John Van Kooten
I have a very different method
I never use any varnish layers between anything (except with decals). What I do is let the paint CURE before moving on to the next layer / operation.
There's a huge difference between letting paint dry and letting it cure. Curing means you will give the paint time to fully harden (which sometimes takes several days, depending on the used product), so it will take longer to finish the model. But it entirely removes the need for any varnish layers.
So if you want to finish your model somewhat faster, use varnish before moving on to the next major operation (filters is a major operation!).
However, be aware that you would still need to let the varnish layer dry anyway as well. So I decided (a long time ago) on letting the paint sit longer and let it cure, instead of waiting for both the paint and the varnish layer to dry.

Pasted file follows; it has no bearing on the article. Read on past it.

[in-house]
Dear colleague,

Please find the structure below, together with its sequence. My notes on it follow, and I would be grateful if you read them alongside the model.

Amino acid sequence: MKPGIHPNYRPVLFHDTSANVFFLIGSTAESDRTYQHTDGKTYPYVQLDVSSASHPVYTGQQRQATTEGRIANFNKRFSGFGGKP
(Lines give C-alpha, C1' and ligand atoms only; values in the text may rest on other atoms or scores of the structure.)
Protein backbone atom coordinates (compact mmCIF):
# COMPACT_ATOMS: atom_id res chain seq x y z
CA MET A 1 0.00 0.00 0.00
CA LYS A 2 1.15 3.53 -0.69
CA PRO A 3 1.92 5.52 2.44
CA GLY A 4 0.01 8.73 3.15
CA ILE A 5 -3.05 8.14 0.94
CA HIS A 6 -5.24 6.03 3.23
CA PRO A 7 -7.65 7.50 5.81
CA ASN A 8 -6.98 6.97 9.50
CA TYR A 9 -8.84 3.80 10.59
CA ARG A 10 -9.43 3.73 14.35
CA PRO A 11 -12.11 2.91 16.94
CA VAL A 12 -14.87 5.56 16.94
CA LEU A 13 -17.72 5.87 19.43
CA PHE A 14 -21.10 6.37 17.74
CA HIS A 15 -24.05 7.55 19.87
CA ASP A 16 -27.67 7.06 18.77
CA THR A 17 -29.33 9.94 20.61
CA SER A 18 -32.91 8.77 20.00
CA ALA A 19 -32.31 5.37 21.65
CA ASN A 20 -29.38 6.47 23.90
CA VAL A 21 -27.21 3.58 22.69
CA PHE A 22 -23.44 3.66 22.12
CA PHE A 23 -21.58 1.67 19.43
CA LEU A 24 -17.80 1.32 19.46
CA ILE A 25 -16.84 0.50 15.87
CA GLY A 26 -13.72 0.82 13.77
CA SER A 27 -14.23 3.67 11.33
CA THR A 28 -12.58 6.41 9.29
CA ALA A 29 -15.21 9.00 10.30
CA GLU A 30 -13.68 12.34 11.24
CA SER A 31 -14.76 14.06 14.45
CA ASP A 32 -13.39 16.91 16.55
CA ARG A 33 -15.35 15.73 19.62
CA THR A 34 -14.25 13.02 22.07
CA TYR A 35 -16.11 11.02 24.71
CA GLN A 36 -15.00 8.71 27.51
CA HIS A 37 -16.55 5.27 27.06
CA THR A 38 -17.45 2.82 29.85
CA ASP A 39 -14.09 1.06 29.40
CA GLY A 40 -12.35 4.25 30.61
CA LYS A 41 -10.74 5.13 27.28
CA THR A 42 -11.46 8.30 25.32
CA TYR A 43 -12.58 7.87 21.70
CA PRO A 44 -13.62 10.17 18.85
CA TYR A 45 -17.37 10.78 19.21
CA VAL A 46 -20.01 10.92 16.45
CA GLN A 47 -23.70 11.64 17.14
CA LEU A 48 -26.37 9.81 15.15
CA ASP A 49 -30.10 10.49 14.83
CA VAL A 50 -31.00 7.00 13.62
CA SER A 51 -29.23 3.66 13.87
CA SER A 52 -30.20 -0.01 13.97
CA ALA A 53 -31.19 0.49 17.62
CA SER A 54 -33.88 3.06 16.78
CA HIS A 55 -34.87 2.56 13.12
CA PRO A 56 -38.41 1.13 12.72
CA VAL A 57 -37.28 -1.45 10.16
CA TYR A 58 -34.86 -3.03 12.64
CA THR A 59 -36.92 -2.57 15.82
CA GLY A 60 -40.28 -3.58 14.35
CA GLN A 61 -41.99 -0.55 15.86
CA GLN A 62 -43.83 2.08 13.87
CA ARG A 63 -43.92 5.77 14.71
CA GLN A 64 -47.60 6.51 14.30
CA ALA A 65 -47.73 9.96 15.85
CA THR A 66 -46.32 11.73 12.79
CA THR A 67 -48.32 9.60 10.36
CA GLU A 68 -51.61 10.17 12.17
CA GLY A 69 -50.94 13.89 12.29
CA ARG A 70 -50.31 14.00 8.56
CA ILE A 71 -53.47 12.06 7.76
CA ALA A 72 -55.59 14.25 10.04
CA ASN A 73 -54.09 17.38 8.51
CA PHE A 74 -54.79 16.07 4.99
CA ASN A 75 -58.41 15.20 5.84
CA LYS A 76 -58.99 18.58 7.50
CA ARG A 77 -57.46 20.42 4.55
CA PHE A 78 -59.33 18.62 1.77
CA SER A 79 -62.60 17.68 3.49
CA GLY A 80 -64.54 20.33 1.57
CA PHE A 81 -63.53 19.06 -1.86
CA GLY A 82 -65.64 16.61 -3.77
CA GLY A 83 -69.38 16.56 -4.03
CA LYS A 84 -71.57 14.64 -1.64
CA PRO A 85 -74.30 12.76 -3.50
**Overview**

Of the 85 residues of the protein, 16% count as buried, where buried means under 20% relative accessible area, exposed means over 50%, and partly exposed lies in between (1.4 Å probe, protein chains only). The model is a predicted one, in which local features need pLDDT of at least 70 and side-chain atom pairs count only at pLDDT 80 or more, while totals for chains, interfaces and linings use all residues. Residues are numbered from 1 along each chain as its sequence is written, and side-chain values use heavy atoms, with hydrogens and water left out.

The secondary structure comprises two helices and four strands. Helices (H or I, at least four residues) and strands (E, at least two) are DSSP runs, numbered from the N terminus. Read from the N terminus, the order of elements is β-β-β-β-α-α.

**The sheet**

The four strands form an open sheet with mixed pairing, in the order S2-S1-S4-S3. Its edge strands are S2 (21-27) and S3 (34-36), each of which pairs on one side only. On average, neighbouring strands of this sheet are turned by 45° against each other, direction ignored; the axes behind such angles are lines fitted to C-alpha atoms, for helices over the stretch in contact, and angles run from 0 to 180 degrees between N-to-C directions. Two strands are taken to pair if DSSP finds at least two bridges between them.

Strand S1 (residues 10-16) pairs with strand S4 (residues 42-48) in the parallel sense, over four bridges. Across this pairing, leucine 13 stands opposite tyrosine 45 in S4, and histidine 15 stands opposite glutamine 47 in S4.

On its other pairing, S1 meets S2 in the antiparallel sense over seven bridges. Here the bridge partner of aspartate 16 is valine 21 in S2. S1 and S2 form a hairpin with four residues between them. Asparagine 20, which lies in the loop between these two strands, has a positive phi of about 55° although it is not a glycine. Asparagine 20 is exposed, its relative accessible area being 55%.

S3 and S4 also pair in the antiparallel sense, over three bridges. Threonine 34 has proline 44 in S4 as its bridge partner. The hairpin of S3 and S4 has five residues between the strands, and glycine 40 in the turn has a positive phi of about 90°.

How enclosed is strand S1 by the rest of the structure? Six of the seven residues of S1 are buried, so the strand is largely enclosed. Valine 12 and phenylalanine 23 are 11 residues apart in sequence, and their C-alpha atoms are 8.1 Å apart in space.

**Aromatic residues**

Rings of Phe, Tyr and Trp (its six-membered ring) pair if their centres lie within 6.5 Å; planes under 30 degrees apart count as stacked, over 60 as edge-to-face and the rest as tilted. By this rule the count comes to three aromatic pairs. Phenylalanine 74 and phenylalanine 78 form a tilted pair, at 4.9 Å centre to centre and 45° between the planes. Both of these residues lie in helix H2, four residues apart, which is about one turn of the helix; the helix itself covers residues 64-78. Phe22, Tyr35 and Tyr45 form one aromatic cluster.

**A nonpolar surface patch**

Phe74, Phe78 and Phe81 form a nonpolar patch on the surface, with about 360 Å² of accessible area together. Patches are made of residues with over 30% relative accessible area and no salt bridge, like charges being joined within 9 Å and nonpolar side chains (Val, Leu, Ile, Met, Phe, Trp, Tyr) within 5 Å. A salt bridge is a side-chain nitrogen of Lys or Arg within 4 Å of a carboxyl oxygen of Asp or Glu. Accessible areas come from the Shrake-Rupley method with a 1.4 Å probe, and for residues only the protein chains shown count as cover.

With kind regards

It's strictly personal preference of course. I don't like the additional layers of varnish and I don't need them either. Plus, every layer of varnish comes with the risk of ruining your model if it goes bad and starts going cloudy / yellow. I simply avoid all of that by not using it at all
There is one big advantage in using varnish layers though: it allows you to correct / remove the layers you put on top of it (to a certain extent).
On the other hand, the same is pretty much true if the paint has truly cured because at that point it has hardened enough to be able to withstand removal by means of solvents / acrylics. So anything "freshly" painted will get removed while the cured layer stays in place perfectly.
So anyway, just thought I'd give you a heads up on this alternative method, for you consideration
13. August 2015, 10:28